Many parents are surprised that schools are not particularly helpful in bullying situations. Often the school’s main objective is to resolve the situation and keep the peace. Schools have a process they will follow which involves finding proof that a bullying incident has taken place (or caught in the act), before corrective action. The school will talk to both parties involved and try to find out what exactly went on. It is important to report incidents of bullying as soon as they happen, as it difficult for the school to take action at a later date, or in complex bullying to join the dots of behavior.
Blaming the Victim
In a bullying situation it is vital that parents step up and advocate for their child. The schools (teachers, counselors) often blame the victim, interrogating your child asking if they did anything to provoke this, are they absolutely sure, are they misinterpreting play? Making a convincing argument of bad intent can be difficult, and require some mental strength from your bullied kid to not take the “questioning” as doubting their story or memory.
We have heard of school counselors almost suggesting the kid may have imagined it or misinterpreted it to get the kid to quickly accept an apology to resolve the situation quickly. It can be challenging to prove a bully did something as the other kids don’t talk out of fear of being the bully’s next victim. So try to make it easier for your kid and their friends to share openly, by showing open public support and appealing to sense of justice.
Document everything that happened
Most bullying takes place away from teachers and they need as much help as possible to catch incidents that take place behind the scenes. Document everything that has happened as clearly as possible, the date, time, location where why what and when and present this information to the school. They school will check with witnesses to verify that the bullying actually did occur, which is why you need to provide as many details as possible. This can be can be challenging as younger children often don’t fully comprehend what has happened, or they may not have witnessed the entire situation only a portion of the incident. If you have captured the bullying on video, you could send the link to the school on a private YouTube link, or just show the principle only.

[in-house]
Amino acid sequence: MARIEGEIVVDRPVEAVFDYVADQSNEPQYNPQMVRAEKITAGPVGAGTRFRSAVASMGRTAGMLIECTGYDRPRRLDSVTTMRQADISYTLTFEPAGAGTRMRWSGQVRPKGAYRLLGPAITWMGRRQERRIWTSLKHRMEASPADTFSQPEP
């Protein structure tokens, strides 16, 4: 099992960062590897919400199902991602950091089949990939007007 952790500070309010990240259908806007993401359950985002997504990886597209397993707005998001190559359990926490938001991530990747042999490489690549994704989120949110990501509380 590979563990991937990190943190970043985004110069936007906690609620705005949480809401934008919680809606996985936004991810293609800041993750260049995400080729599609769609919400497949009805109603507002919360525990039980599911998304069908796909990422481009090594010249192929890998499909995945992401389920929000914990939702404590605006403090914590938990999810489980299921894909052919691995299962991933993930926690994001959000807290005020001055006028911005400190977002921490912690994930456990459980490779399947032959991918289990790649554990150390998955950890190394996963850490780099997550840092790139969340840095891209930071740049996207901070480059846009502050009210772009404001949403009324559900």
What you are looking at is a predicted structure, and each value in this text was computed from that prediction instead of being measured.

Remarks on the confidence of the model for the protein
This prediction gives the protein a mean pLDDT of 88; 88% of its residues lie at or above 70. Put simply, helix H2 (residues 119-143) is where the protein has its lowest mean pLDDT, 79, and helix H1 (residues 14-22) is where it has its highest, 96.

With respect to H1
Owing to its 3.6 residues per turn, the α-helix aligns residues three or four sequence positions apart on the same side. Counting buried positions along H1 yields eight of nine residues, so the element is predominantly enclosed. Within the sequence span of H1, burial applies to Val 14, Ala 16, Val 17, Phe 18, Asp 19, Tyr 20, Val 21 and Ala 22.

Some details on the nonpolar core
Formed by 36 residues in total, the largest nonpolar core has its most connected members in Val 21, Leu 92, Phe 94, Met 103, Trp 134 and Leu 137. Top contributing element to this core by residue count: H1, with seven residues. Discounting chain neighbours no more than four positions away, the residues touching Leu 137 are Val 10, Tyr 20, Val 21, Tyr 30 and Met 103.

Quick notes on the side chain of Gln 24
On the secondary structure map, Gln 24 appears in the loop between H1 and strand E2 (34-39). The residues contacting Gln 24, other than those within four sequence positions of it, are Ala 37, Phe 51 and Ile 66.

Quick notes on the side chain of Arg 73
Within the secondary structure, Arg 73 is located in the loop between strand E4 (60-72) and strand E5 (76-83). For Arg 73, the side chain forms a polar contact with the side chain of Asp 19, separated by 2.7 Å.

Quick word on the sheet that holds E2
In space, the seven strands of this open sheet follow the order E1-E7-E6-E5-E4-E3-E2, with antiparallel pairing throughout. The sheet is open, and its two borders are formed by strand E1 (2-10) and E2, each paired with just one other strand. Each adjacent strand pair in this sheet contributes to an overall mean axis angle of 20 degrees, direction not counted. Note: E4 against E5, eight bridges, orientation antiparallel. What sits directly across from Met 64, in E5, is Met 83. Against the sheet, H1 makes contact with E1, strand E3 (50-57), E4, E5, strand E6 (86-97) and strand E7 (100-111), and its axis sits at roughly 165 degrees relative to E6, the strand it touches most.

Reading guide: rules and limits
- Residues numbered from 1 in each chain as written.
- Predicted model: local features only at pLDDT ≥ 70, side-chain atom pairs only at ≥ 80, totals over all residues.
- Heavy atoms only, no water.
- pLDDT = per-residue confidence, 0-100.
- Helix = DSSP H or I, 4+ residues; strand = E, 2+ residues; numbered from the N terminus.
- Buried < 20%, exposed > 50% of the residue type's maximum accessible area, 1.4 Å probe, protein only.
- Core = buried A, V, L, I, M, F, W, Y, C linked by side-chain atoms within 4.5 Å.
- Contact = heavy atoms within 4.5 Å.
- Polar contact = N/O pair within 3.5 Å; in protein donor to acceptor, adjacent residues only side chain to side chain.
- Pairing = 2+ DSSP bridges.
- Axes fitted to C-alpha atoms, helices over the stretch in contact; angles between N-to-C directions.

Here are a few things to consider when writing your letter to notify the school of what has gone on.
- Who was there? Make a special note of the bully, any other participants, and any witnesses that were around.
- What did they say to you?
- Did they physically hurt you?
- How did it make you feel?
- Where and when did it take place?
- What did you do / how did you respond?
School Code of Conduct
If your child’s school has a code of conduct review the document for what is acceptable behavior. When you write your complaint letter to the school, you can state that the bullying is clearly in violation of the school’s rules, forcing the school to take action. The code of conduct should clearly list out what will happen as a result of each school violation. The school has a responsibility to provide a safe environment for their students, but may often only give lip service and underplay significance and remedies of a bullying incidence. If they realize how serious the parents are about pursuing it, they often will respond more completely.
Try to Keep Calm
Even though it is highly emotional time for parents, it is important to remain in control emotionally when dealing with the school. One mother became overly angry with a bullying situation in her son’s elementary school. She yelled at the student who was bullying her son, and was then issued a restraining order by the school, and she was not allowed to set foot on the school grounds for a long period of time. You can consider bringing an advocate if you think you will be emotional.
One parent from Texas shared how she couldn’t believe the level of hatred she felt for her child’s bully, which is a natural response. As a parent you want to protect your child, and in a bullying situation you may feel you have very little control and can’t help. By age ten or earlier, kids should know the difference between right and wrong, and they are fully aware of what they are doing. As a parent you may feel like you are dealing with the result of someone’s morally bankrupt kid. Dealing with a bully takes a tremendous toll on the entire family and it is normal to have feelings of disgust and resentment. We suggest that be channeled into some of the proactive actions above and active monitoring of the situation, and getting feedback from other parents.